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The Church of Discomfort

Those who grew up without access to the internet, cell phones, or a host of screens on demand are familiar with the experience of boredom in a way that many young people today are not. Long ago we would whine to our parents about how bored we were. Even if our parents wanted to ease our all of our burdens and concerns, however insignificant, they would have found it difficult to do so. There’s likely...

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Grief and Miscarriage

We just lost our baby. At 22 weeks. Grief is one of those primordial human emotions, along with shame, that was born in the darkness of sin. Like shame, grief has its positives and negatives. I truly and deeply feel the loss of our child; the pain and emptiness is pervasive and life-altering.  But I must ask myself, why am I grieving? Just as shame can only exist in reference to a true good–that is,...

Catholics Are Irrelevant

I wonder if Catholics realize how irrelevant we have become. Actually, it’s worse than that. I wonder if Catholics realize how irrelevant we have made the Gospel of Jesus Christ. While the sowers of the Gospel all locked inside the walls of an insular Church, the devil is ravaging the fertile soil that could have borne fruit. The countryside is being choked by thorns and and we seem content to argue with each other about...

Consider the Man

If you follow the news, especially Church news, you likely understand that there are few places on the internet or in the public square where faithful, orthodox Catholics can find respite. Anecdotally, it appears that there is a growing sense of discontent or even of despair. Pope Francis seems to be addressing this tendency in Christus Vivit: “Young people, do not let the world draw you only into things that are wrong and superficial. Learn...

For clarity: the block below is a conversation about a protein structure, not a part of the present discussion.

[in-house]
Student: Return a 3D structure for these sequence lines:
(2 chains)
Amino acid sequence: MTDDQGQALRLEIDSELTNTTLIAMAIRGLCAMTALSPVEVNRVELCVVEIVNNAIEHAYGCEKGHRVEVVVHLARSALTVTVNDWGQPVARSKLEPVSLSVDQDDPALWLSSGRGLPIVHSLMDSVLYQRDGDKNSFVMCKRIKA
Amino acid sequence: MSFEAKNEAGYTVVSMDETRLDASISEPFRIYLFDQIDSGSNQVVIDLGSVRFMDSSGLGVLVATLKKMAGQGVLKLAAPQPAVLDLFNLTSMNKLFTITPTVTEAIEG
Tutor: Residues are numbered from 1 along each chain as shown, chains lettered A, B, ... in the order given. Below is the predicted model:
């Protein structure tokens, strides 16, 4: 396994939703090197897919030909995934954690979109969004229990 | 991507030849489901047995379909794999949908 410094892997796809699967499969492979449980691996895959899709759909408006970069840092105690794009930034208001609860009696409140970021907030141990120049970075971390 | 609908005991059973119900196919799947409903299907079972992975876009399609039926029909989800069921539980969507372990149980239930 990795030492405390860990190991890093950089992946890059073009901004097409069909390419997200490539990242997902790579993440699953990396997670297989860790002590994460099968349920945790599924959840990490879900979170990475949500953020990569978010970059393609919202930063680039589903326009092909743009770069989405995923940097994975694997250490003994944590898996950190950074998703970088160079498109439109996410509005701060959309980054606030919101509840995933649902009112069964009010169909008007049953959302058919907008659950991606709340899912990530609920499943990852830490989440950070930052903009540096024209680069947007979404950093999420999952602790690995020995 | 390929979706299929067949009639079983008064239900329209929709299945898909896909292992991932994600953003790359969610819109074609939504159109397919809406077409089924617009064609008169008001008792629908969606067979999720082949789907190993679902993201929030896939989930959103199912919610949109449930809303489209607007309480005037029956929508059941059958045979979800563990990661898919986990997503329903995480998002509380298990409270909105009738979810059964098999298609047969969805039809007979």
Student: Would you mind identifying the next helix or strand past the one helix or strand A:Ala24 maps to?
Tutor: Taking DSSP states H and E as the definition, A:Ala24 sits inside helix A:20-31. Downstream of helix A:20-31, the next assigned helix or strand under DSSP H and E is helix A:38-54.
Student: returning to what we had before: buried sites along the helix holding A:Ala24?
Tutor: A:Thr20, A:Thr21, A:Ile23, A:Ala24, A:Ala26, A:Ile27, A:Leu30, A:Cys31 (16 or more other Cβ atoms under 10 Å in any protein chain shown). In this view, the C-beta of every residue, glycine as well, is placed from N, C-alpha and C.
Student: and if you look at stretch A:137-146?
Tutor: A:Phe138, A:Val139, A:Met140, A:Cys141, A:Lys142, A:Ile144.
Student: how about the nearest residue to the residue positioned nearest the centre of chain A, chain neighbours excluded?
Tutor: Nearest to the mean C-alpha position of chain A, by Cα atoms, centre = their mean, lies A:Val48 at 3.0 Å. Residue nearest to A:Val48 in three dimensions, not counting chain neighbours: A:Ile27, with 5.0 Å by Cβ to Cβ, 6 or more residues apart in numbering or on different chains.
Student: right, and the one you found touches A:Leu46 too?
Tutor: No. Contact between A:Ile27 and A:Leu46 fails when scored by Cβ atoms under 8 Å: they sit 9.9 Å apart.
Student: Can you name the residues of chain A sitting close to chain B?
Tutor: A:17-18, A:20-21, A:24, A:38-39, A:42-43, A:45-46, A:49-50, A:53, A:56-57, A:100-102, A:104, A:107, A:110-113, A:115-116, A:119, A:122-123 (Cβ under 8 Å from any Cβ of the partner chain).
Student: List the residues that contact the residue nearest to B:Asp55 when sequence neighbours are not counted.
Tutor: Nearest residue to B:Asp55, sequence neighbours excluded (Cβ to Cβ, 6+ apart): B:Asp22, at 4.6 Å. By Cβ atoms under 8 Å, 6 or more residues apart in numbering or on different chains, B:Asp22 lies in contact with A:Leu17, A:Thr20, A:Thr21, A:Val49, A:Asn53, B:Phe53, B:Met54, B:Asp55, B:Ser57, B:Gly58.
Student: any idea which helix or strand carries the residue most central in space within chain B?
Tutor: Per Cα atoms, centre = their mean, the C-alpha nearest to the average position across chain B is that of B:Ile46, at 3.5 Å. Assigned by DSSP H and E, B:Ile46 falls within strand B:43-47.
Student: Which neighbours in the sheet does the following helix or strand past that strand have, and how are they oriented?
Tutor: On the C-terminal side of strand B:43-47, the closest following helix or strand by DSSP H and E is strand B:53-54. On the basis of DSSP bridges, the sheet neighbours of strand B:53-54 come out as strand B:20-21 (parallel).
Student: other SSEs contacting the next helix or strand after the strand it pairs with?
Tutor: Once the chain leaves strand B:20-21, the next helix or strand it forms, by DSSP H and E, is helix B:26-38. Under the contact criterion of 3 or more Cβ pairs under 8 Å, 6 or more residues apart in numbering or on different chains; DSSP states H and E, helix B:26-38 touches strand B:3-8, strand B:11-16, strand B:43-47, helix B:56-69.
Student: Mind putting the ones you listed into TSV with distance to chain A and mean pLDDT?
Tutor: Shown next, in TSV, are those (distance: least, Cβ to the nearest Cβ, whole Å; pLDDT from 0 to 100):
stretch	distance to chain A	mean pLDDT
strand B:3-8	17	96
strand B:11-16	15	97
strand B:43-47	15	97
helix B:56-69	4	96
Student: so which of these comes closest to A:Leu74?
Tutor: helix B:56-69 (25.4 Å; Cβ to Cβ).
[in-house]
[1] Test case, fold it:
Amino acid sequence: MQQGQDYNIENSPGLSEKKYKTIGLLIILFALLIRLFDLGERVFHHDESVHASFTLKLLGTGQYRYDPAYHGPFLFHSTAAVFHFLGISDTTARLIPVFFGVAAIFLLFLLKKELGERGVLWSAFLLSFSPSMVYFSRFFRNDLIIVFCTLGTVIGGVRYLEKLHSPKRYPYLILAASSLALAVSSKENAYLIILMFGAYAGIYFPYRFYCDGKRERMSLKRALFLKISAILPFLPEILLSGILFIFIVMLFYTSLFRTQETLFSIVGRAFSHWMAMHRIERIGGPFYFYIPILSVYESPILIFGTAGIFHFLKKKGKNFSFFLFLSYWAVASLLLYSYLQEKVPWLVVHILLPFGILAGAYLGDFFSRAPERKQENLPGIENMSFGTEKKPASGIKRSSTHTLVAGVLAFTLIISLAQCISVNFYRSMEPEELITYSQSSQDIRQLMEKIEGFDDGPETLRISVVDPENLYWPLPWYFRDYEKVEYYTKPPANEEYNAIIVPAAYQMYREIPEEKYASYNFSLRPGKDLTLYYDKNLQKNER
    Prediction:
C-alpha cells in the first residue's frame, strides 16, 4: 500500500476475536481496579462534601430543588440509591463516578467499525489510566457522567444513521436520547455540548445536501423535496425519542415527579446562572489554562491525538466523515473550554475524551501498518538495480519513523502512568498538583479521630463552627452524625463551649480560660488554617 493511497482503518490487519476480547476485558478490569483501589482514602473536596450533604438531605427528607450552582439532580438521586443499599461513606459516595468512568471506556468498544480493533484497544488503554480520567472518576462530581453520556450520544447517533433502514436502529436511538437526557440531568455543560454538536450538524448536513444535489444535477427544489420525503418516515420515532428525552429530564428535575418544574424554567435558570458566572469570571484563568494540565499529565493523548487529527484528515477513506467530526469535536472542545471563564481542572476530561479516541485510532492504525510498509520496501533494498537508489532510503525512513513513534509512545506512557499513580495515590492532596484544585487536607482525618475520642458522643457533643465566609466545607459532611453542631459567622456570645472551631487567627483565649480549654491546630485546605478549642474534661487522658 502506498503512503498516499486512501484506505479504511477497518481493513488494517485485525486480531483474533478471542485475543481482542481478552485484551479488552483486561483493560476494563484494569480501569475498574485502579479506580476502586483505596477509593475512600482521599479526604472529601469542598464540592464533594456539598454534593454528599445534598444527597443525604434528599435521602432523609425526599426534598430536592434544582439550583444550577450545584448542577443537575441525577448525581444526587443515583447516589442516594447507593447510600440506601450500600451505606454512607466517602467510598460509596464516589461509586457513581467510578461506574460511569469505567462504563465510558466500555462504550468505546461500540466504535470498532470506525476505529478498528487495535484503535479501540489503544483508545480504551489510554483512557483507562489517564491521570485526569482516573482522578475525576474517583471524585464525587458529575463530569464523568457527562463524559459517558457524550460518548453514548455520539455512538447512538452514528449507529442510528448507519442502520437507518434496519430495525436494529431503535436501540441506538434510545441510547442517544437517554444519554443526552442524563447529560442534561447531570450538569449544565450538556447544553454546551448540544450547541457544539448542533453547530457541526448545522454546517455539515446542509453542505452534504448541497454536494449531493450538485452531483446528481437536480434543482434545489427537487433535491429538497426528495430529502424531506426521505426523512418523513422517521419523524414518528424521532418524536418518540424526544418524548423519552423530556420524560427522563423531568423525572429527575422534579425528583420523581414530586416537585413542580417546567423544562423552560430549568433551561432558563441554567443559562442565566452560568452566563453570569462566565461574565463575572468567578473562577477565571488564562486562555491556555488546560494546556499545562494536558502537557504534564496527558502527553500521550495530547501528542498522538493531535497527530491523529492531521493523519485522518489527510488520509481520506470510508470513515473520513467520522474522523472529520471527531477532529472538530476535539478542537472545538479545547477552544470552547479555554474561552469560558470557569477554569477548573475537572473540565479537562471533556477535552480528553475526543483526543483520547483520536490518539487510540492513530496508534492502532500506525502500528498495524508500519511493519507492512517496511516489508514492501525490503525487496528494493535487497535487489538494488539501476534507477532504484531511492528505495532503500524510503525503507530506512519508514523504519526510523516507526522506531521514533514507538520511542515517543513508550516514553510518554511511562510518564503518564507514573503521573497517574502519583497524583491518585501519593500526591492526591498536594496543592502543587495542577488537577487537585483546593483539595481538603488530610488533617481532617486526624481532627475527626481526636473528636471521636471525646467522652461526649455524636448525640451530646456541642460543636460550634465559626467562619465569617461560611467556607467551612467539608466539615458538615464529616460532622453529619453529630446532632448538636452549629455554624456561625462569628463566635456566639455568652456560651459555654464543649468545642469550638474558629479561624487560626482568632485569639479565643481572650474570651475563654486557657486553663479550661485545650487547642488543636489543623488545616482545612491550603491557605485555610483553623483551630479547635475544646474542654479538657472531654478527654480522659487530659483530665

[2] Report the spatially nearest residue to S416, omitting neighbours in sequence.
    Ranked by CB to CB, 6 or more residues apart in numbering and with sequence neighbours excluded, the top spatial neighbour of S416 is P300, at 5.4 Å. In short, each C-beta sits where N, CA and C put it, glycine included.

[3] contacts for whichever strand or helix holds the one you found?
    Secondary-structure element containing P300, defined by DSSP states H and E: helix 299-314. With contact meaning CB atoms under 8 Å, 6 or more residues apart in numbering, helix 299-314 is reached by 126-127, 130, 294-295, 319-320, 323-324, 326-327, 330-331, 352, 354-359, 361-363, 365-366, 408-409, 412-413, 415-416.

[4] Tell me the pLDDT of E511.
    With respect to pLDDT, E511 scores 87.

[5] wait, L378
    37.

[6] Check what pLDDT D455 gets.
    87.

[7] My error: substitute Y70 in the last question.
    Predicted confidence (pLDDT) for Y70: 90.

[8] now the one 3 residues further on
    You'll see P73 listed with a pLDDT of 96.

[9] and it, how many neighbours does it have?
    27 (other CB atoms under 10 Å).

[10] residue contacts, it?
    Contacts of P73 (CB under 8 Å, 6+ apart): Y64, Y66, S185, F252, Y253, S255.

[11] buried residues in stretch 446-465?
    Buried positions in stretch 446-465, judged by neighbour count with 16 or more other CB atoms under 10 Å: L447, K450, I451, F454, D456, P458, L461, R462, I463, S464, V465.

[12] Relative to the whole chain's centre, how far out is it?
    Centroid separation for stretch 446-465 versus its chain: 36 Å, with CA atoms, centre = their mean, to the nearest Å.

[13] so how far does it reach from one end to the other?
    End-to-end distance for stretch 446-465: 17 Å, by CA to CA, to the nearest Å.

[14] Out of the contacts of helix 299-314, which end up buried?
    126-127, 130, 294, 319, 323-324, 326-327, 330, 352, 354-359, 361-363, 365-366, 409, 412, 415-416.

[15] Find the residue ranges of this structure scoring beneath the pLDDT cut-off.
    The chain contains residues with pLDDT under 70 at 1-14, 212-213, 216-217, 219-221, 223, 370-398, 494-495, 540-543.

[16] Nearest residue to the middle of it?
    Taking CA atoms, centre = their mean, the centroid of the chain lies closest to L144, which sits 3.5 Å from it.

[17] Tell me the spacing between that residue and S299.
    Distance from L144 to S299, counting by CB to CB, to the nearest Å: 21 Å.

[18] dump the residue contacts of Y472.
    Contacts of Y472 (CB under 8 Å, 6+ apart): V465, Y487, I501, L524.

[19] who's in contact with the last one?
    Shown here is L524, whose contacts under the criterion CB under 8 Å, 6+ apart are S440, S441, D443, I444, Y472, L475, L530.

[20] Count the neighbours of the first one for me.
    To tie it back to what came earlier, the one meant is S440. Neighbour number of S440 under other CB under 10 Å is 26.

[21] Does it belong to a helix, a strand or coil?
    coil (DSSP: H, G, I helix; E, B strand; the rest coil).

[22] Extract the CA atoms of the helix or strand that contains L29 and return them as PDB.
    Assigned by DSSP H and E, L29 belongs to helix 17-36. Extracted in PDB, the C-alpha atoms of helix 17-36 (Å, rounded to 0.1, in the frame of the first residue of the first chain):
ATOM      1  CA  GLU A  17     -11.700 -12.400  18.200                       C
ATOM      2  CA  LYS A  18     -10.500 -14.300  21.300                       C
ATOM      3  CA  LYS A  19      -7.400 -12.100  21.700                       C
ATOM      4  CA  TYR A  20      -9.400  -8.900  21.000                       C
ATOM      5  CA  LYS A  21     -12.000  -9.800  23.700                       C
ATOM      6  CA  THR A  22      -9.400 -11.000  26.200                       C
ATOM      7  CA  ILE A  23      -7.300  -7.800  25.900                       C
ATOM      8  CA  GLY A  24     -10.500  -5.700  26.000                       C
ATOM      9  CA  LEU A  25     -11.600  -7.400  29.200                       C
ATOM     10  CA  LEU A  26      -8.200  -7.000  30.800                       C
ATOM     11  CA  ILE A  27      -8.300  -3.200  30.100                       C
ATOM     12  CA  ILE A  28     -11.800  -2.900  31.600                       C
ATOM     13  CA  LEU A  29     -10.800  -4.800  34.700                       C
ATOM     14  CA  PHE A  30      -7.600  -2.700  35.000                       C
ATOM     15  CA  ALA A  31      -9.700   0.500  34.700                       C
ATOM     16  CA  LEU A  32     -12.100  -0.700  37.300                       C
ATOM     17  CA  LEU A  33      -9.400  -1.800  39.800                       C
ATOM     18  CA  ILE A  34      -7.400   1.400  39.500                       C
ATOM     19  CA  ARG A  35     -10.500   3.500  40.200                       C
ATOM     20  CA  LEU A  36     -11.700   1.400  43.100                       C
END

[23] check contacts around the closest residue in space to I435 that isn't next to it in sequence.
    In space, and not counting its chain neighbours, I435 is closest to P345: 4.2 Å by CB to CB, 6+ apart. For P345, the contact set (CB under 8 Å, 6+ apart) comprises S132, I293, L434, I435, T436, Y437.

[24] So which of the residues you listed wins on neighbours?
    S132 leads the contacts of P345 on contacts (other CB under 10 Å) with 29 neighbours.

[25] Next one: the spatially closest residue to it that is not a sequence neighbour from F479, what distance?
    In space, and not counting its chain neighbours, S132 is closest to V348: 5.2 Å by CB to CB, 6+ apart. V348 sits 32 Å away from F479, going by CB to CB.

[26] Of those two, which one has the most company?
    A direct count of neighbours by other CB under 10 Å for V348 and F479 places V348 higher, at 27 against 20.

Colleen Carroll Campbell: Finding Perfection in God

The Heart of Perfection: How the Saints Taught Me to Trade My Dream of Perfect for God’s, Colleen Carroll Campbell’s new book, correctly diagnoses a spiritual problem afflicting millions and millions of Catholics, especially in the United States where rugged individualism is prized. In the book, she describes a crippling pathology of control, that she calls “spiritual perfectionism,” that manifests itself in common attitudes such as hurriedness, impatience, and pride. Spiritual perfectionists are perhaps best...

The Rights and Responsibilities of Christians

This past Sunday, Church-goers heard one of the most well-known Christian tales, the story of the Good Samaritan. Like all of Jesus’ parables, each layer of meaning contains a wealth of wisdom about the faith and our relationship with God and each other.  For his part, Pope Francis, in his Sunday Angelus, chose to reflect on one aspect of this story that’s worth highlighting here.  Francis said, “[Jesus] brings about a reversal in regard to...

False News and What We Can Do About It

Where do you get your news? It’s funny how the answer to a seemingly innocent question can reveal so much about the person we’re talking to. Whether you read Vox, The Atlantic, or National Review; watch MSNBC, CNN, or Fox; or read the National Catholic Reporter, Catholic News Agency, or LifeSite News, revealing what sources you turn to can be like opening up a window into the soul.   In some ways, the media companies...